Preparing a flood plan

What is a flood plan?

Flooding can happen very quickly, giving you little time to act. Preparing a flood plan is the best way to protect yourself, your family/colleagues/community and your property/belongings from the risk of flooding, or from the effects of flooding if the worst should happen.  

If you live in an area that could be flooded (one in six households are at risk), you should write a plan outlining what you will do. Keep it somewhere safe but easy to find and put one in your emergency flood pack. Also make sure everyone in your household/business/community group is familiar with your flood plan. Remember: many properties are at risk of flash flooding even if they are located well above flood plains and away from rivers.

When preparing a flood plan you should include useful contacts, a trigger for action, steps to take and a list of essential items to have to hand when it floods. Be sure to keep it somewhere that everyone can find it, and check it regularly to ensure that it is up to date. The Environment Agency has free flood plan templates which cover the basics.

Writing a flood plan - what to include

Useful contacts

These could include Floodline, your local council, utilities providers, your insurance company, your local flood group and the media. You could also make a note of those who can help you if needed or vulnerable people whom you could help if safe to do so.

Trigger for action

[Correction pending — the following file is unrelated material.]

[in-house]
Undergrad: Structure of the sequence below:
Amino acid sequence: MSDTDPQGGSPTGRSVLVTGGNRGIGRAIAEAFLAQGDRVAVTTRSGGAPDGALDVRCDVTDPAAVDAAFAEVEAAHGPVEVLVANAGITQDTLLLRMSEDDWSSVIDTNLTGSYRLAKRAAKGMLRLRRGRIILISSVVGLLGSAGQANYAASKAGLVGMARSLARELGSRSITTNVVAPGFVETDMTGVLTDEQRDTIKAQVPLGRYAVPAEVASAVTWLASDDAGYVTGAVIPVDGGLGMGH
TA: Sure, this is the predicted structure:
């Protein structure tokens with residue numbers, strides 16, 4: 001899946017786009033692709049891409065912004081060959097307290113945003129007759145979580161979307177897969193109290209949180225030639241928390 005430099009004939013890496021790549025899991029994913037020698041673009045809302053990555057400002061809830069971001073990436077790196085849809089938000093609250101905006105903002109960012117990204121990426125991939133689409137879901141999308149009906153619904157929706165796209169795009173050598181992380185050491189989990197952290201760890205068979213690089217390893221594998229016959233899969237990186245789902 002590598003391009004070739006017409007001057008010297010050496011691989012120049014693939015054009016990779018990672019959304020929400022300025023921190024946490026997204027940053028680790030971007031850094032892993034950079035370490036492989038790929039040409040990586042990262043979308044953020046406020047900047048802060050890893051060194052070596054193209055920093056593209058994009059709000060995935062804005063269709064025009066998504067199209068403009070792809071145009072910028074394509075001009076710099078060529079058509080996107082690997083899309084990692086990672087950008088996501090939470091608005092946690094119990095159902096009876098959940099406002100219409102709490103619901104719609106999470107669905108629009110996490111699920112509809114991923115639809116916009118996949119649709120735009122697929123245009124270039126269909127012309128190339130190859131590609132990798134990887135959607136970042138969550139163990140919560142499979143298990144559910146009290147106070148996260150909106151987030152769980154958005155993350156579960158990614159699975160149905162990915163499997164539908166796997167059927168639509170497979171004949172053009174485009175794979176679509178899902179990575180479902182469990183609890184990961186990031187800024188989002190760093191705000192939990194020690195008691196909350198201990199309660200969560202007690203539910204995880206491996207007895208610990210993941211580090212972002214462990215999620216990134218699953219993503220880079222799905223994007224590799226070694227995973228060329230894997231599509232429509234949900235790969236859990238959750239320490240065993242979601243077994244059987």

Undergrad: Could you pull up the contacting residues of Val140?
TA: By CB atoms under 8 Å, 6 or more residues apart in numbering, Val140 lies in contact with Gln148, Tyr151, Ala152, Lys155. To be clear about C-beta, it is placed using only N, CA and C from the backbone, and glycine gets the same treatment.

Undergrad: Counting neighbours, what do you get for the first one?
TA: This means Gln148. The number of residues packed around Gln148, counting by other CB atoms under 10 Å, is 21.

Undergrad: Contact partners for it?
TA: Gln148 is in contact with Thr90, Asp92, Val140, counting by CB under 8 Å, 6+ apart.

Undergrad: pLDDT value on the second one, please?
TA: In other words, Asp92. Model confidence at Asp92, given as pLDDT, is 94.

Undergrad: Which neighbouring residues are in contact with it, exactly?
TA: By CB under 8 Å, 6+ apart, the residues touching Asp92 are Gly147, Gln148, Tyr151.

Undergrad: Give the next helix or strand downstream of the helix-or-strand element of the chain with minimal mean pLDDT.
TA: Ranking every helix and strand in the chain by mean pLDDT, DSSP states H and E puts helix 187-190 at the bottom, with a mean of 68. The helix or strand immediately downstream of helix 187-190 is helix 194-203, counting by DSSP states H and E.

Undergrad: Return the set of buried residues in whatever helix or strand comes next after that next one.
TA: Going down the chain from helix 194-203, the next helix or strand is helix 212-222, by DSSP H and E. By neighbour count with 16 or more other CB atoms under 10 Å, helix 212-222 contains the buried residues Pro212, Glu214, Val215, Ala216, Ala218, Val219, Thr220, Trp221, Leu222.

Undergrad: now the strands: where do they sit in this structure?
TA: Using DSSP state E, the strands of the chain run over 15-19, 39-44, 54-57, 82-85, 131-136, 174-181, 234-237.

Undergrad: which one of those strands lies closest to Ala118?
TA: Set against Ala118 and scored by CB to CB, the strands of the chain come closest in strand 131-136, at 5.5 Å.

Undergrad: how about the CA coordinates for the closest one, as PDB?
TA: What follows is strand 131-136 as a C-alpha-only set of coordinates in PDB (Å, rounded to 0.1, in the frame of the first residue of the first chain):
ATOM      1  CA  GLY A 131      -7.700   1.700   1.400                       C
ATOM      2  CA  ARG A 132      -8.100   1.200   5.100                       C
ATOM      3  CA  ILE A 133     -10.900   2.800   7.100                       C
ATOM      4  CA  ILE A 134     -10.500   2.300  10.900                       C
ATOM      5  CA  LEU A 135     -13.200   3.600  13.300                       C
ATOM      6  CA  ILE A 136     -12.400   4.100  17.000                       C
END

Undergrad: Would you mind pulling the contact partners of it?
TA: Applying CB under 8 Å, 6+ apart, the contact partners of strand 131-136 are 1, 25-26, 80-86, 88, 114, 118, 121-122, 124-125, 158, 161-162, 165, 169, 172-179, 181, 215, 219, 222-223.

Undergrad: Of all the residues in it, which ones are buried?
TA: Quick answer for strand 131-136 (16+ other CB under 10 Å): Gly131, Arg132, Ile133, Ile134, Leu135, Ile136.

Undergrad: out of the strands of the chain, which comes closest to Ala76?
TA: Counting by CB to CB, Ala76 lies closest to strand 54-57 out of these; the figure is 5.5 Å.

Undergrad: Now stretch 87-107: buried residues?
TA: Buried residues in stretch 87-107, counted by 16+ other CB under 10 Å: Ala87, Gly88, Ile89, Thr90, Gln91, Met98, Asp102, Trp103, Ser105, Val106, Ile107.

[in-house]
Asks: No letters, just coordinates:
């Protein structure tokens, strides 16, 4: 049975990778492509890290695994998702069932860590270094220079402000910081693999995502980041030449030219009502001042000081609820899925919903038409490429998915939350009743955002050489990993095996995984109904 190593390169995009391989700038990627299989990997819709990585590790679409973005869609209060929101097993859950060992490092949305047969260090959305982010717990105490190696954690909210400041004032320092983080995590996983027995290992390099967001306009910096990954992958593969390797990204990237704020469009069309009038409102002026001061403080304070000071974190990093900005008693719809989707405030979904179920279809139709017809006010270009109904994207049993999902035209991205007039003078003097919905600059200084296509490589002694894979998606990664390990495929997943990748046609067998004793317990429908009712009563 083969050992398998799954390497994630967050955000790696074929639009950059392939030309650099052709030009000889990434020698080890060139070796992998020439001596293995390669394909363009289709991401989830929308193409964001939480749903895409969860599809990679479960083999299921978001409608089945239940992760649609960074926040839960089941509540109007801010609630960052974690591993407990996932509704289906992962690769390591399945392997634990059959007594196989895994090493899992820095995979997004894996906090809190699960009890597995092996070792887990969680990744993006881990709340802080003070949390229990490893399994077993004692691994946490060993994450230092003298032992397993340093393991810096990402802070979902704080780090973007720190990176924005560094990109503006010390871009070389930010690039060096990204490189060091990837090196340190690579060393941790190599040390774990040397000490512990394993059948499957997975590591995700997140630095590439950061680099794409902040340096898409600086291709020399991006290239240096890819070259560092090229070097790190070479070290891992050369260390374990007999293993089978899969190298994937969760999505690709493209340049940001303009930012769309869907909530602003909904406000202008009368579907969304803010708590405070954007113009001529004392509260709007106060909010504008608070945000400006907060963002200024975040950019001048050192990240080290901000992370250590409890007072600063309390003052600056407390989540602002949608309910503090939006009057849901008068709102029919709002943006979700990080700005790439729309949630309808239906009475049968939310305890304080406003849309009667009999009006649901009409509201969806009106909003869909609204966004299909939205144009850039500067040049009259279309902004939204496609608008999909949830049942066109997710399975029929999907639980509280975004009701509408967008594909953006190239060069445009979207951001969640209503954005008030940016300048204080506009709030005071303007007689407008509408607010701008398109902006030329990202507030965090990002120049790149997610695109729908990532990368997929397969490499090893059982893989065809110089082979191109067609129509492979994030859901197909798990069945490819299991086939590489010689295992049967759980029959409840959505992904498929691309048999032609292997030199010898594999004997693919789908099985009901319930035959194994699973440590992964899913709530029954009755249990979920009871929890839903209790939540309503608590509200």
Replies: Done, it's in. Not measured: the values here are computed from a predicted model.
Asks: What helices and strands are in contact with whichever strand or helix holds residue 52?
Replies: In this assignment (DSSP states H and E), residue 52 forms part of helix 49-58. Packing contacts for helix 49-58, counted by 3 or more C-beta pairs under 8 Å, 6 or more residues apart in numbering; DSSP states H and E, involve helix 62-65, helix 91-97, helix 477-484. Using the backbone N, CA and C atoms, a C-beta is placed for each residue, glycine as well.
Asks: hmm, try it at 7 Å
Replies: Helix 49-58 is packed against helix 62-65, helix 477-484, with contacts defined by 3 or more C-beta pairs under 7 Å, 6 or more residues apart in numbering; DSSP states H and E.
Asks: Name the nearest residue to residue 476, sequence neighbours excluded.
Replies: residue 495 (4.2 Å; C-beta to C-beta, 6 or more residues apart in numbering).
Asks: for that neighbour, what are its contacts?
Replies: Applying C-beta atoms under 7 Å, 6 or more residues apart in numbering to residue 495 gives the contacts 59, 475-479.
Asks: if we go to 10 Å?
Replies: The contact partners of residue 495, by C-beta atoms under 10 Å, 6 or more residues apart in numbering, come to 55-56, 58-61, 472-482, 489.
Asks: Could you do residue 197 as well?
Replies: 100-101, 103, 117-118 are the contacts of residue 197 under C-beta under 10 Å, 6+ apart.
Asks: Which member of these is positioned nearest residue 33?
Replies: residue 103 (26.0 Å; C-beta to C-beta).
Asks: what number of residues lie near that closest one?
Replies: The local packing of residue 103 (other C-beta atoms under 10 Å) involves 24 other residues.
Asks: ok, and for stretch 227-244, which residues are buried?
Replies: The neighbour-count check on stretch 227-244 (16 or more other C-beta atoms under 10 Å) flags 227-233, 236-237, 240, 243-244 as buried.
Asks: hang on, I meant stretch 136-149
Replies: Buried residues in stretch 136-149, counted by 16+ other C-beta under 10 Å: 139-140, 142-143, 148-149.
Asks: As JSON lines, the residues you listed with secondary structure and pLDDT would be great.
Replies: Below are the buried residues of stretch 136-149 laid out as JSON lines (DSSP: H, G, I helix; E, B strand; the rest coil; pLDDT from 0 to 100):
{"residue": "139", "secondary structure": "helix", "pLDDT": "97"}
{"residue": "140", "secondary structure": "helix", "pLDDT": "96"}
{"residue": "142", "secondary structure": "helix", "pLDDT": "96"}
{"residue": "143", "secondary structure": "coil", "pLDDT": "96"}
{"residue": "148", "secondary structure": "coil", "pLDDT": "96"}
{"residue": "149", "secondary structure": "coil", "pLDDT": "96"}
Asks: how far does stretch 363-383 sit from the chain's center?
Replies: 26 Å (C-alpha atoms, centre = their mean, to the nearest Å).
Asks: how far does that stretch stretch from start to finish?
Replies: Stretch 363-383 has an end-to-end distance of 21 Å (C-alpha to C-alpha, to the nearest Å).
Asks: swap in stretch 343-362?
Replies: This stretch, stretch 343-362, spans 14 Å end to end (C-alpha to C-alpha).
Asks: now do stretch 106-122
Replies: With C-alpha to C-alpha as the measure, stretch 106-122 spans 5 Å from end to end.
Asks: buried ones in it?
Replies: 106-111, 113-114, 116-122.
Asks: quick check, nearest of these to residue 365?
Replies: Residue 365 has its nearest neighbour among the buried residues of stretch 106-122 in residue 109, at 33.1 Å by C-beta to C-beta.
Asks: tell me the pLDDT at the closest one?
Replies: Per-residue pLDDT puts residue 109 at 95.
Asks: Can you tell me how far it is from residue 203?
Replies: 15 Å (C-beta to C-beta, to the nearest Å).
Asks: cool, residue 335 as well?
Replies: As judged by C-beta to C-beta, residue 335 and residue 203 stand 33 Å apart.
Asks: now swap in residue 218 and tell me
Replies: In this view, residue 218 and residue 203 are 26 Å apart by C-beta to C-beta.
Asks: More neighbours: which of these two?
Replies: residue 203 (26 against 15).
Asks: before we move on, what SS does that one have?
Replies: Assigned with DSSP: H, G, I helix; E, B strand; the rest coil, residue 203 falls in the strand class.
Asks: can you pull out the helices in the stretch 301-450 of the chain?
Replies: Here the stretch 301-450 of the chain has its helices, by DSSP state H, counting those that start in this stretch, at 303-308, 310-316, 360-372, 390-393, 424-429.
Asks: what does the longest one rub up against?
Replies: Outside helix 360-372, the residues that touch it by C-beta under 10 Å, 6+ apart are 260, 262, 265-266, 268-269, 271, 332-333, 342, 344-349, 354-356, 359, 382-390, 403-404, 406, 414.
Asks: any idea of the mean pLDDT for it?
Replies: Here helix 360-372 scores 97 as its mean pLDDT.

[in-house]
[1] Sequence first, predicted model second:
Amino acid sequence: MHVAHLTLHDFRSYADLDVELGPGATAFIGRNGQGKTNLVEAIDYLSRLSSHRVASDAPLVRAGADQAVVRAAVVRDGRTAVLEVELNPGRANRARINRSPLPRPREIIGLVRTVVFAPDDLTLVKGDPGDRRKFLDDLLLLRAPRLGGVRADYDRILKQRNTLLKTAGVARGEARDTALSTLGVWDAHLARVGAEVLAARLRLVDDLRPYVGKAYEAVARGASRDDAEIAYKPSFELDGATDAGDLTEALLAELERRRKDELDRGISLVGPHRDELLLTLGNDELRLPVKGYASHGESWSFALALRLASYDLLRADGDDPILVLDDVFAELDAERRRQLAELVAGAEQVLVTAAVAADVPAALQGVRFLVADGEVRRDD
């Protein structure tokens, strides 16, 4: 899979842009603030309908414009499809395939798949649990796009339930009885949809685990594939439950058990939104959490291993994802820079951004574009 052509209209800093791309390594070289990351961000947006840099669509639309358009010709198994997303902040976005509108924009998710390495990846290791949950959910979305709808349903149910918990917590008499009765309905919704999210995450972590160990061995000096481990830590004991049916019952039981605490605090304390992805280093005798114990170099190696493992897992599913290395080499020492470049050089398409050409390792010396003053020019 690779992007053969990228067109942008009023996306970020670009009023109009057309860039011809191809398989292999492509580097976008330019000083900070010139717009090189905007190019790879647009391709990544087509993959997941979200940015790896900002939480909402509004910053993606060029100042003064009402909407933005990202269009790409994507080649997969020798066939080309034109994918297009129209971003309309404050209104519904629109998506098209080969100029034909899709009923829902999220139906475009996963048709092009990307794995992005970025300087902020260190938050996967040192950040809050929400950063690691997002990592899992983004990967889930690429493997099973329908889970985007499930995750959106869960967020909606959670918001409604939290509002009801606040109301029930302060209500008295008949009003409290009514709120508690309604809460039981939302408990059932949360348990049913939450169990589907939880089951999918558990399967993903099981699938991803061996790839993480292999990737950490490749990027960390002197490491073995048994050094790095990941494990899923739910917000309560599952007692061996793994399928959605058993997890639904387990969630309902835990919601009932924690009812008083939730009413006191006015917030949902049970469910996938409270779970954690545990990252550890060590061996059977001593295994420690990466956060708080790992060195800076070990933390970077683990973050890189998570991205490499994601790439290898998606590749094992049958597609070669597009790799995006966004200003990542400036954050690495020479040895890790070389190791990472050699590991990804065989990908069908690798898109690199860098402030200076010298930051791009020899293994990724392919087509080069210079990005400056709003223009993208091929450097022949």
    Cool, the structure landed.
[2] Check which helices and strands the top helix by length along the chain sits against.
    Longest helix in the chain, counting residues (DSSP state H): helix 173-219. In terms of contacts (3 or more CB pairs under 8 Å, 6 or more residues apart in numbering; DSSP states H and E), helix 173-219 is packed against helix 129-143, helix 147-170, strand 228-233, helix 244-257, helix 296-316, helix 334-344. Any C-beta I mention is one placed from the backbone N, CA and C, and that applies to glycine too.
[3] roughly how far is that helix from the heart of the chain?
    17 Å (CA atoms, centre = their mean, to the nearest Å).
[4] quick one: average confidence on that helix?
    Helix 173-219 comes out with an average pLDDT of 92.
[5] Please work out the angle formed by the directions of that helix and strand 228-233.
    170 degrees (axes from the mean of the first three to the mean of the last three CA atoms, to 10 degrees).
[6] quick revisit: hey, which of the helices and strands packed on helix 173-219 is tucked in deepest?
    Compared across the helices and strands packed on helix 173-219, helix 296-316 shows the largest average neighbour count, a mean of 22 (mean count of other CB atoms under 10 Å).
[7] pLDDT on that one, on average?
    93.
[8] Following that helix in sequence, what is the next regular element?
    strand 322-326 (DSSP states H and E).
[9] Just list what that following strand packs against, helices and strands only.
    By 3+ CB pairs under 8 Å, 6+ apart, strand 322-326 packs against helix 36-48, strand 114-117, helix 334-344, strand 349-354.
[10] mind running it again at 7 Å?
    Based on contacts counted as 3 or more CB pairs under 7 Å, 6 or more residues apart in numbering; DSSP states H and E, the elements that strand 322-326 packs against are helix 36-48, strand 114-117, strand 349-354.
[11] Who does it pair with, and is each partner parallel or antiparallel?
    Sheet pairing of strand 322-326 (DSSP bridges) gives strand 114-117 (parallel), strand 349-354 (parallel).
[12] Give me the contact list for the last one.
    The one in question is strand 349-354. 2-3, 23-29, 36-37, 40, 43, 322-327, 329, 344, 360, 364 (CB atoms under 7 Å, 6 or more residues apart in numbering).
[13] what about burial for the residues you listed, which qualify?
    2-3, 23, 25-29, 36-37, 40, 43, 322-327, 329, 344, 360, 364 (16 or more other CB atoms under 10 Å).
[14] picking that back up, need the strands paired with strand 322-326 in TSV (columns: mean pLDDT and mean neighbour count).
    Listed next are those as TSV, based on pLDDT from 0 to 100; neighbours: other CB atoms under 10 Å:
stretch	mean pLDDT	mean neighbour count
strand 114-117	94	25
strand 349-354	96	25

This will help you to know when to act on your plan. Specific warnings about river flooding within identified ‘at risk’ areas come from the Environment Agency’s Flood Warning Service called Floodline. You can sign up for free flood warnings online or by contacting Floodline on 0345 988 1188.

These warnings only cover the possibility of river flooding. If you think you might be at risk of other types of flooding, see: Sign Up For Weather Alerts.

Actions to take

Aim to reduce the risk of floodwater entering your house if possible, and to reduce damage if it does enter. For example, turn off gas and electricity, move important and valuable items to higher ground, deploy property-level protection, alert staff and request their help, and move animals and livestock to safety.

Flood kit

Prepare a flood kit or 'grab bag' of essential items to have to hand in case you should have to evacuate. For a list of items to include, view our flood kit page.

For more information, or help with preparing a flood plan from scratch, contact your local Environment Agency office at